In Shikantaza, on just sits, putting aside all judgments such as good vs. bad (besides trust in the goodness of sitting), and thoughts of some other place in need of going or act to do (besides sitting), or concerns about before and after (this moment which is just this time of sitting is the only time of concern). One just sits in which the sitting itself is all good, and there is not one other place in need of going, not one other act in need of doing in the whole universe besides the sacred act of sitting. One puts aside judgments of fullness or lack, past and future, and simply trusts as an act of faith in one's heart that sitting itself is the fullness which never lacks, and has no before or after to the time of sitting. There is not goal apart from sitting, there is no prize or place to go beside here and now. There is nothing to achieve, because simply sitting is the one thing to achieve that is needed in the whole world just then. There is only sitting.

As one sits with such trust and conviction, let thoughts come and go ... of good and bad, things to do or places to see ... but simply do not grab on. Let them come but seek not to be tangled in them. Have a mind like the mirror, in which things appear and nothing is judged or rejected, nor particularly thought about. The mirror contains whatever appears before it. A clarity will manifest. Clarity will manifest, but it is neither something we seek or long for. Let all things be just as they are ... sickness and health, youth and old age, birth and death ... as just things which appear and disappear in the mirror. All is just "as it is," nothing to reject, run toward or away. This is the wonder of Just Sitting that Ejo and Keizan describe.

Why do we do this? Because we human beings do not know how to be fulfilled fully in just the doing of one thing, thus the source of Dukkha as we run around chasing this and that, filled with feelings of lack and things left undone.

Assume a balanced and stable posture as best one can, then forget about it. (If the body's physical condition is not cooperating, assume the most comfortable position on can ... and just accept one's discomfort as best one can, as just one more thing appearing in the equanimity of the mirror).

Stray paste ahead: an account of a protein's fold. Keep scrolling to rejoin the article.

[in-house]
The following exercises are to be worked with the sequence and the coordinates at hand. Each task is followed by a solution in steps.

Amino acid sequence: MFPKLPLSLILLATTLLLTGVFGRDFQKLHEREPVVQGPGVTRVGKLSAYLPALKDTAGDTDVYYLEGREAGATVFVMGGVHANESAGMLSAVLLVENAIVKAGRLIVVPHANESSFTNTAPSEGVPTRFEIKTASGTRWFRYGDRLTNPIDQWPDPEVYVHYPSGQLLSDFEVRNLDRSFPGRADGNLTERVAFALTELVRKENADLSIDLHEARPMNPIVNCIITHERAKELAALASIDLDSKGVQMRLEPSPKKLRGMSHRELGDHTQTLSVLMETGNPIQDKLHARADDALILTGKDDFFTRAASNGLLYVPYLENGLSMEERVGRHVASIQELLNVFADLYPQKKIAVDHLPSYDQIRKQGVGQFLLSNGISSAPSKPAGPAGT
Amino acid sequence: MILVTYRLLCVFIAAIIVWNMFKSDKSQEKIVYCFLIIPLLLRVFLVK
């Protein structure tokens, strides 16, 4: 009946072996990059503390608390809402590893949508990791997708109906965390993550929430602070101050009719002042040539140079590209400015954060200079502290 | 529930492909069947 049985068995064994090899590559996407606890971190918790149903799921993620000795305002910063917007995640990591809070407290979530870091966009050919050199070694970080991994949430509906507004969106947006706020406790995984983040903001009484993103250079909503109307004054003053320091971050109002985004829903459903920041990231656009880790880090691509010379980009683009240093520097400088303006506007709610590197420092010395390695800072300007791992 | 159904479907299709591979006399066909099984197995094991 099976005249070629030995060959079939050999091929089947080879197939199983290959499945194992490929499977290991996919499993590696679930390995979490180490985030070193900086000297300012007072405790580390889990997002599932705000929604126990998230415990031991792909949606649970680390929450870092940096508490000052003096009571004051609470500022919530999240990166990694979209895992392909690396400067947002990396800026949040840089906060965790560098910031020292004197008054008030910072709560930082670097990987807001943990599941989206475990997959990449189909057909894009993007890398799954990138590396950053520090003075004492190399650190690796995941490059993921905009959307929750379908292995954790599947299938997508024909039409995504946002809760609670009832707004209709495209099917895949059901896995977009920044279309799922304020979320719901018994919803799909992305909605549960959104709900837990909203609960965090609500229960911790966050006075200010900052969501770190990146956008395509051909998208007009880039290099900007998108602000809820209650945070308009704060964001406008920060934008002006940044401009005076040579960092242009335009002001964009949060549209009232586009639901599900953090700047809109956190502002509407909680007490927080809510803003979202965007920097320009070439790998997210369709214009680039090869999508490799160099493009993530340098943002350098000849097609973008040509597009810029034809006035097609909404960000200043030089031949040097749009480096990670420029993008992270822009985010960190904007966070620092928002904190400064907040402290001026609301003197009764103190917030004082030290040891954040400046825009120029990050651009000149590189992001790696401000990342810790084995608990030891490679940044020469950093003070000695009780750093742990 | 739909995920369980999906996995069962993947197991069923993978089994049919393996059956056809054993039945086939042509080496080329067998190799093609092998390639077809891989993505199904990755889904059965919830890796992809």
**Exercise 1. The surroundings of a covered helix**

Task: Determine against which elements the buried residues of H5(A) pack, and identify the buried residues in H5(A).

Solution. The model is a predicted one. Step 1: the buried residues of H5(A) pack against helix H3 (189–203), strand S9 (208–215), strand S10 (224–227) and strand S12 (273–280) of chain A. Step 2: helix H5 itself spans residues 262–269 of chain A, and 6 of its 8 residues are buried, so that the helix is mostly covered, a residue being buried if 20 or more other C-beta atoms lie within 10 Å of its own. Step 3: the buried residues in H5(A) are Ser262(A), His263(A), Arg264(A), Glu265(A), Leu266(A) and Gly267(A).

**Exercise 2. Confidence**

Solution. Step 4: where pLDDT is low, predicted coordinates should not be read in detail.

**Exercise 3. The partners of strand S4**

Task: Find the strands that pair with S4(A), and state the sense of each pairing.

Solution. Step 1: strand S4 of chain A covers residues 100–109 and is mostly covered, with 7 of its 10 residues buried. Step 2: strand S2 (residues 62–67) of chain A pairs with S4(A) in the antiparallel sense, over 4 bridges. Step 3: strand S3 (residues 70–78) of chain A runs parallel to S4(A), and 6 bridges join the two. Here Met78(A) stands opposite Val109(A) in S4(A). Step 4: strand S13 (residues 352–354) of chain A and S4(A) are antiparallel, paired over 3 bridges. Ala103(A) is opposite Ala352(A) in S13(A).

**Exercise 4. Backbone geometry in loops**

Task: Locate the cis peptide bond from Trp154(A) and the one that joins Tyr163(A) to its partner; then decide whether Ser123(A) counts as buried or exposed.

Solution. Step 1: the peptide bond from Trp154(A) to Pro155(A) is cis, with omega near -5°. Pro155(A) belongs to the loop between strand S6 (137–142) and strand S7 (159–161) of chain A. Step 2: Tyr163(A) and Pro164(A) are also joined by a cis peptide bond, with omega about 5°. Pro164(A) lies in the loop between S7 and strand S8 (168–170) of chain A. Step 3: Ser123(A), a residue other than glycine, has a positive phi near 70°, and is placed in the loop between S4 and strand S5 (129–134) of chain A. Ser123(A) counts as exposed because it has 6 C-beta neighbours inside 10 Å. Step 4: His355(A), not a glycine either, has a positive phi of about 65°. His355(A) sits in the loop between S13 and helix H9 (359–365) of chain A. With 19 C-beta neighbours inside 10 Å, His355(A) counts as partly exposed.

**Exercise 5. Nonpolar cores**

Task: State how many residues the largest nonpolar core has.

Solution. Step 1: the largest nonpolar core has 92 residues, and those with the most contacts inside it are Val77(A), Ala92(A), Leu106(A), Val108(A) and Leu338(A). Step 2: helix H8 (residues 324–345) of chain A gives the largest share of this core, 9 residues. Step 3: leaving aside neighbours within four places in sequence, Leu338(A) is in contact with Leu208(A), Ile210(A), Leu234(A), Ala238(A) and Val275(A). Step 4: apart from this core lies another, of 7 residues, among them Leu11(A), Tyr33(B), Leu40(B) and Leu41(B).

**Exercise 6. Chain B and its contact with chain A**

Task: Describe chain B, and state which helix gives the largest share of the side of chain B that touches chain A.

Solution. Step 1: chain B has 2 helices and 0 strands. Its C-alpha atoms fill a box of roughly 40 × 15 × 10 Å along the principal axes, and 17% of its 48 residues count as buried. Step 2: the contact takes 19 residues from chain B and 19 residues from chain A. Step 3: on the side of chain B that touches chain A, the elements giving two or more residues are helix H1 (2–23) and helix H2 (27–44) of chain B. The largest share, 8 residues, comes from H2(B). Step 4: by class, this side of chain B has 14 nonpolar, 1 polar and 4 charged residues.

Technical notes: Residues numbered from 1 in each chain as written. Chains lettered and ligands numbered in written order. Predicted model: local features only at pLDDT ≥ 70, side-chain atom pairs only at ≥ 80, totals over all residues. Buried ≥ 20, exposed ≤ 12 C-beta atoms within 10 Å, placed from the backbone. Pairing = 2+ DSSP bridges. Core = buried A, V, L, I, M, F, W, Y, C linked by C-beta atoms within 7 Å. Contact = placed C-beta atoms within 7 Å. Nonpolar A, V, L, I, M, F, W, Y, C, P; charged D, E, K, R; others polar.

As to breathing, let breathing just be breathing in the manner Okumura Roshi describes in my post above.

Yes, this is a "method." But, because it is a method without a goal (besides the goal of sitting, which is a goal totally fulfilled just by sitting which is the one thing to do in the whole universe in that time of sitting) and there is no place to go and nothing lacking, we call it the ""method of no method" or a "non-method method."

I hope that is a bit easier to understand. Those are very specific steps and practices to realize just this, just sitting as the one thing which needs to be done in the time of sitting. Is something still unclear?


As to counting or following breaths, I also have very new people follow the breath until they develop some modicum of ability to not be tangled in thoughts, and to let the mind settle and judgments drop away. I also say that anyone can have days of disturbance and distraction when they may need to follow the breath for awhile to settle down a bit. However, as soon as one has, I encourage them to try to transition to "open spacious awareness." I just find that open awareness makes it easier to take this off the cushion, bringing the equanimity and "no place to go, nothing to do" off the cushion into this busy life of places to go and problems to solve and things to do.